2 actuators + relay + 3.7V Lipo + DC regulator, How an I make them all work?

So Ive been trying for a couple days to get these 2 actuators working through the relay using an external power source, thats not a problem but because the Lipo is 3.7V and the actuators are 12V I have a DC regulator that boosts the voltage from the Lipo up to 12 but I cant seem to get it all working.

The actuators are 12V Lipo is 3.7V the relay can have input of 3.5 to around 12 I think and the regulator takes in minimum 2V and outputs 12V

The relay is connected properly to the arduino that I got, the middle pins on the relay are the commons, top is normally open and bottom is normally closed. I have the voltage from the battery stepped up before it reaches the relay but regulator only has 3 pins; Vin, Vout and ground so I split the V out to go back to the actuators, this is where i get confused I dont know where the normally open pins on the relay come into play. Any help?


Without seeing the specs. of the Actuators I can only suspect that you do not have enough current to drive the actuators with a buck boost setup. yes you can boost voltage but it is usually limited to running low power consumption devices. you should start around 12 volts.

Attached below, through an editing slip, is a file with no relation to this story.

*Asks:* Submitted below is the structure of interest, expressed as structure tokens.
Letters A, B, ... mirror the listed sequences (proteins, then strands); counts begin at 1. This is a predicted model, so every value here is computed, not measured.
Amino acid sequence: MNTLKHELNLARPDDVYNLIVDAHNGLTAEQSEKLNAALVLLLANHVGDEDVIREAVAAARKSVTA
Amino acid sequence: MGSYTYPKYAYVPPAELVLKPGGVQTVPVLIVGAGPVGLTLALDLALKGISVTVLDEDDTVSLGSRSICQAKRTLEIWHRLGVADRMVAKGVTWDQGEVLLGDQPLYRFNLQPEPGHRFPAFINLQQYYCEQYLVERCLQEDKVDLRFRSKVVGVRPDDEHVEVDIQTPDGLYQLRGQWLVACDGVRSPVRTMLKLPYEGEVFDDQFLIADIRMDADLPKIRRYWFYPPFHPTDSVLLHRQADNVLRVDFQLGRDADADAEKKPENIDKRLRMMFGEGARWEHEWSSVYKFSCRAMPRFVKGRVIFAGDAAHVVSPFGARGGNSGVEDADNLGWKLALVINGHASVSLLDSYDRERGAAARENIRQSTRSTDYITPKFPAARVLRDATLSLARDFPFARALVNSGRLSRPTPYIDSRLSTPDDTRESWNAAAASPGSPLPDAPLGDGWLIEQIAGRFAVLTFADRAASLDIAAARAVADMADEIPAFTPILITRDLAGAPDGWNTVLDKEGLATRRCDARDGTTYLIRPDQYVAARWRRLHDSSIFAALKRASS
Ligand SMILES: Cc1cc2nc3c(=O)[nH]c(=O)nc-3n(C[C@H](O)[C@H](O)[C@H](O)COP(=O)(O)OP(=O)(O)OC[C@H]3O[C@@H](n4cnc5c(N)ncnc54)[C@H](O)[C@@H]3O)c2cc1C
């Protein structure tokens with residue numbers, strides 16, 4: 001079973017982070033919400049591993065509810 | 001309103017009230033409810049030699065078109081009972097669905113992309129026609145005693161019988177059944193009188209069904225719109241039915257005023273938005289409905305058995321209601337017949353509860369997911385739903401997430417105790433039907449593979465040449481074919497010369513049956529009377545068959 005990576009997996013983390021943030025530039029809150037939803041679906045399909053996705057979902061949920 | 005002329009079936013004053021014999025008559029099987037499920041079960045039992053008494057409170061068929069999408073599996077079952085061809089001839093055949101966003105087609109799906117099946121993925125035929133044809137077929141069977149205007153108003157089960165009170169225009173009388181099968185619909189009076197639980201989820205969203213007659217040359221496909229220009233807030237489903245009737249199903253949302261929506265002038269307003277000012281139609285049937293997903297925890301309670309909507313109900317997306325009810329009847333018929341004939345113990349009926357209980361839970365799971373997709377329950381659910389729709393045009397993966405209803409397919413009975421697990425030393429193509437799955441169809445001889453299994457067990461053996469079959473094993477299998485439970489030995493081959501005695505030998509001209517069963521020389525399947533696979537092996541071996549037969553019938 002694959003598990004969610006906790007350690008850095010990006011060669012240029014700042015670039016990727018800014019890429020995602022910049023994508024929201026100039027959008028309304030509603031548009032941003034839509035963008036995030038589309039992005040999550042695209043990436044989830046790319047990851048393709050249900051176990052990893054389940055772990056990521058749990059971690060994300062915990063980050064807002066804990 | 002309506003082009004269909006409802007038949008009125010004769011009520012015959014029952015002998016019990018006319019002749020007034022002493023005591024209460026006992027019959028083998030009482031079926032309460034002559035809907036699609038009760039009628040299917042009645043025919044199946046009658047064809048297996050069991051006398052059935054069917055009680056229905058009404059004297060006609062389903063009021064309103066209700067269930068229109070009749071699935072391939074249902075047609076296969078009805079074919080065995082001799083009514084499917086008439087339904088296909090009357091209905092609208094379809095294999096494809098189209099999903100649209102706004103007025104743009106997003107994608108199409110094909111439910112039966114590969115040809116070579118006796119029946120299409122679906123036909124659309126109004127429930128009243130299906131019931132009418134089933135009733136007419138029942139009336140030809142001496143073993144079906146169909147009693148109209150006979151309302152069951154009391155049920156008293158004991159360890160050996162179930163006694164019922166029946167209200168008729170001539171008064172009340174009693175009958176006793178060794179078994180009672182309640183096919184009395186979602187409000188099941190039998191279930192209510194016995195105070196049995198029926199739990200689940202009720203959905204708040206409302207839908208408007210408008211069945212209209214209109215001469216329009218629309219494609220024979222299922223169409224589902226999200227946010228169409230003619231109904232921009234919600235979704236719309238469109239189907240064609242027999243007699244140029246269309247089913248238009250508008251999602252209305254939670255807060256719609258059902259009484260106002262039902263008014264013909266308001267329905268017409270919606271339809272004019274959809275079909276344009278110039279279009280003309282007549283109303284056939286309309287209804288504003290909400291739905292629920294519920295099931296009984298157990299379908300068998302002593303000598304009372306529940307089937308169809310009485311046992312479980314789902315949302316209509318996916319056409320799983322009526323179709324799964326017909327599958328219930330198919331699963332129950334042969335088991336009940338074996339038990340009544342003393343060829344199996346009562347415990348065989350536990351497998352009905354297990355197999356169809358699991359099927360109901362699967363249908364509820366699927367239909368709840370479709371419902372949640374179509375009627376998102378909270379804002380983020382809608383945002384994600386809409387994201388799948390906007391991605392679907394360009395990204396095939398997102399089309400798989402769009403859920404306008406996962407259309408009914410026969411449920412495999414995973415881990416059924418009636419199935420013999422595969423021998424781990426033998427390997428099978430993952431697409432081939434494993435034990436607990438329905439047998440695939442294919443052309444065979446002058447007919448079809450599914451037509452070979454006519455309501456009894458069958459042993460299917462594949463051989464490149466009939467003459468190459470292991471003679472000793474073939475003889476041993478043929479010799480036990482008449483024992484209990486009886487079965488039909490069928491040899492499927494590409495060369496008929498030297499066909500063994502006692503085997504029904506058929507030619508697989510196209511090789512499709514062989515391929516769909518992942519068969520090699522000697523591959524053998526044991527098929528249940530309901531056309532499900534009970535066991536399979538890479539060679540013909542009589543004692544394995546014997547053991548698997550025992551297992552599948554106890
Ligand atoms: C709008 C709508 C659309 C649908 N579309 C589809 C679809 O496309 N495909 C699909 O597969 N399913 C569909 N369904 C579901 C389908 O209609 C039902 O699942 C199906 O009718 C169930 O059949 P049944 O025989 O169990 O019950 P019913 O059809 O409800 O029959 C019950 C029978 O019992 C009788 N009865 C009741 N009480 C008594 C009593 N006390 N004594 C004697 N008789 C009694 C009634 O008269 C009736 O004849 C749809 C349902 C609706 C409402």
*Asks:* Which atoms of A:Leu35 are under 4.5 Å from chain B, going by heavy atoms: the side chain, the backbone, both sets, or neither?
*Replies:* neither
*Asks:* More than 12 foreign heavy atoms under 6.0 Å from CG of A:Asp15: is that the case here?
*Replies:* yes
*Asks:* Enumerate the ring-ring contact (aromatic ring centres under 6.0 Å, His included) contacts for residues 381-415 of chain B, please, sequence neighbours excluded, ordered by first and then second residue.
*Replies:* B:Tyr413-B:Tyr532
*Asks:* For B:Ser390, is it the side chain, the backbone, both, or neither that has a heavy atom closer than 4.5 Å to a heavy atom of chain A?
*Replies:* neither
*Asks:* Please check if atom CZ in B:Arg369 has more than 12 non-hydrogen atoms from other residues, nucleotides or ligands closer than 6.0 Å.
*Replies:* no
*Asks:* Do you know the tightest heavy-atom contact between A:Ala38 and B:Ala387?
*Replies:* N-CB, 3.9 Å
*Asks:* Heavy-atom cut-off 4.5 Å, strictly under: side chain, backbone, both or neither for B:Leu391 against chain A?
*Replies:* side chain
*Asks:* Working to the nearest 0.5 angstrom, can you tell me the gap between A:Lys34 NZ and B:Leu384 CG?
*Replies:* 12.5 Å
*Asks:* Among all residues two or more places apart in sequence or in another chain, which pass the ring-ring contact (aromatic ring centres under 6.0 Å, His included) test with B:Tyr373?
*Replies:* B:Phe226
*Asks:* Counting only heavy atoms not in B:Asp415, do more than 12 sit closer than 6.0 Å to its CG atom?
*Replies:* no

I'm quite confused. Don't you know how to use normally open and normally closed relay contacts?

Im trying to upload a picture of the setup, keeps saying my picture file is to big even after making the resolution really small

http://www.chaocheng.net/en/goods/show/3367.aspx thats the website for the specs of the solenoid/actuator it says 6 W at 24V, even if it was 6W at 12V thatd still be 2A and im guessing the LIPO doesnt produce that

Ok.... I think you have a decimal in the wrong place .25 amps should be more like it. DC motors will run at reduced voltage. Solenoids are not as tolerant. Start with two 12 V batteries and run them in parallel (24 V). Use this to operate the solenoids with the use of an appropriate relay. These are not considered actuators although often people do. Install leads from one of the batteries (12V) to run the arduino. Research amp hours so you can pick the battery for the length of time you want to run them between charging. Pay attention to duty cycle on these, some are intermittent duty. They may give a little kick back so you may want to put in a diode to help with this.

good Luck.